6. Red Scarf Girl by Ji-li Jiang. This story is the true account of one family who lived through Mao Zedong’s Cultural Revolution in the 1960s. The lack of freedom, the propaganda, the cruelty and the strength of the young girl who tells the story will astound your tween. It also conveys the strong bond to country and to family that is part of the Chinese culture.
7. Three Cups of Tea by Greg Mortenson and David Oliver Relin. Adapted by Sarah Thomson. This is the Young Reader’s edition of the best selling adult book. This book is the true story of Mortenson’s work in Pakistan and Afghanistan to build schools and change villages through education. It includes extra photos, an interview with Mortenson’s 12-year-old daughter who sometimes helps her dad, and updates on the work. I have a special place in my heart for this book. Mortenson’s work is amazing and humbling. I used to live in Bozeman, Montana where Mortenson’s lives and his wife came to our book club when we read the adult book. Her perspective was fascinating.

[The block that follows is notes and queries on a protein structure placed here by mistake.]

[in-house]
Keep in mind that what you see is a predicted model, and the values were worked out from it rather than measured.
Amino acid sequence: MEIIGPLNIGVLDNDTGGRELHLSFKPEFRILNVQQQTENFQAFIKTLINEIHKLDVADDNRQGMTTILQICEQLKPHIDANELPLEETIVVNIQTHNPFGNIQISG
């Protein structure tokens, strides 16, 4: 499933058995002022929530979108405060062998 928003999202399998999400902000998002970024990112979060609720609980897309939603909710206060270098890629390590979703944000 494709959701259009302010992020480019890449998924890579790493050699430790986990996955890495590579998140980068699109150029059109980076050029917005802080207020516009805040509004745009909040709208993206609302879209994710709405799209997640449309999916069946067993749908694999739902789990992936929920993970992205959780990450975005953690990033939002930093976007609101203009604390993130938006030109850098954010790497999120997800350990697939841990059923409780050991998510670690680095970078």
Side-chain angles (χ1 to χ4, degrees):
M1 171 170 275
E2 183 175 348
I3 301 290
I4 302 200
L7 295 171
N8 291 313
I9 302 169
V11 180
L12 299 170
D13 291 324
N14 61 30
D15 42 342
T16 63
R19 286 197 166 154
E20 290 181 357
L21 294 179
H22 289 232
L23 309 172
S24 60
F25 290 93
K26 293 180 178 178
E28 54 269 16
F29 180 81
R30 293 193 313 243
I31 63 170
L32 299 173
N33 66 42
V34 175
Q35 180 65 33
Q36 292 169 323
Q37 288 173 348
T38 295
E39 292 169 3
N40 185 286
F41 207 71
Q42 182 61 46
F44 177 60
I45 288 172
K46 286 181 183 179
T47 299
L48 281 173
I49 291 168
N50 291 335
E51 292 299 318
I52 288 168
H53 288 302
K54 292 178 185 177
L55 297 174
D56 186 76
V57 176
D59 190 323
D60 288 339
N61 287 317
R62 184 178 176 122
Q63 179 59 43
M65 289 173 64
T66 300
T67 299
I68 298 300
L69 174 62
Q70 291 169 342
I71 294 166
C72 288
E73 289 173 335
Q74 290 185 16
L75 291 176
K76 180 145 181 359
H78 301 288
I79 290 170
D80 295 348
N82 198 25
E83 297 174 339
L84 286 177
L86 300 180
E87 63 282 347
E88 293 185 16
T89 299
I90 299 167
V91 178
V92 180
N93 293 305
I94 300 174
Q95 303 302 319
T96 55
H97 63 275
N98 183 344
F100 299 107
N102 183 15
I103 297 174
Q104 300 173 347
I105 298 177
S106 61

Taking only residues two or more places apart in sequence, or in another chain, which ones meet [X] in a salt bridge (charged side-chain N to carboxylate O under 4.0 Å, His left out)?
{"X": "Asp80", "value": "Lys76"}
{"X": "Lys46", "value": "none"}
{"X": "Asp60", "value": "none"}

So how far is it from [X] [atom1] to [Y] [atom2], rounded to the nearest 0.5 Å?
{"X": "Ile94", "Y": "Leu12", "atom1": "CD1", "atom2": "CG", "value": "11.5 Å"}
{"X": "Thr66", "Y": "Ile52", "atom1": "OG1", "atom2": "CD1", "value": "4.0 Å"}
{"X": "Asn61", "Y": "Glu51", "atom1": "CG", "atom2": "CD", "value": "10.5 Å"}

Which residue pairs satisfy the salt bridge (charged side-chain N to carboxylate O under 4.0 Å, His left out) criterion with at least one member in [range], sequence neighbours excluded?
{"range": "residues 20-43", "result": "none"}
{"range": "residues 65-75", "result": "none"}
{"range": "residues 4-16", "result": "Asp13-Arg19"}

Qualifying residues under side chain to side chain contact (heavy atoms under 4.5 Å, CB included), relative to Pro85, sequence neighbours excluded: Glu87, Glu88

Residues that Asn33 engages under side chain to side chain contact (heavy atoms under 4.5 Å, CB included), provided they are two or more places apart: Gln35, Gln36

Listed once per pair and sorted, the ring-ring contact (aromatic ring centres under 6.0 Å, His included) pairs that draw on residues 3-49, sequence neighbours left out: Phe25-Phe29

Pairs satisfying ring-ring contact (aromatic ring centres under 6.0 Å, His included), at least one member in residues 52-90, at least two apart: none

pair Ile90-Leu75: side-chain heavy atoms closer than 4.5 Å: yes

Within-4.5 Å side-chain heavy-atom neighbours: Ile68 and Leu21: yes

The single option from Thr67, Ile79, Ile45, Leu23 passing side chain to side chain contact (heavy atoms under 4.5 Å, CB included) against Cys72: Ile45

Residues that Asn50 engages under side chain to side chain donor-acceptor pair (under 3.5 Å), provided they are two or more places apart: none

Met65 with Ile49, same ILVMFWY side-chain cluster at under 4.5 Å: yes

8. Zlata’s Diary by Zlata Filipovic. This diary of an 11-year-old girl in Sarajevo begins in September 1991 with writings of piano lessons, birthday parties and favorite musicians. When war takes over, electricity and running water become things of the past and the young diary keeper has to try and keep fear, boredom, and sadness from consuming her. First published by Unicef, Zlata has been compared to the Diary of Anne Frank, only with a happy ending.
For books to broaden your girl’s view of people who are physically but not geographically different from her, check out my post on Books to Teach Tweens Empathy (and maybe Bravery) .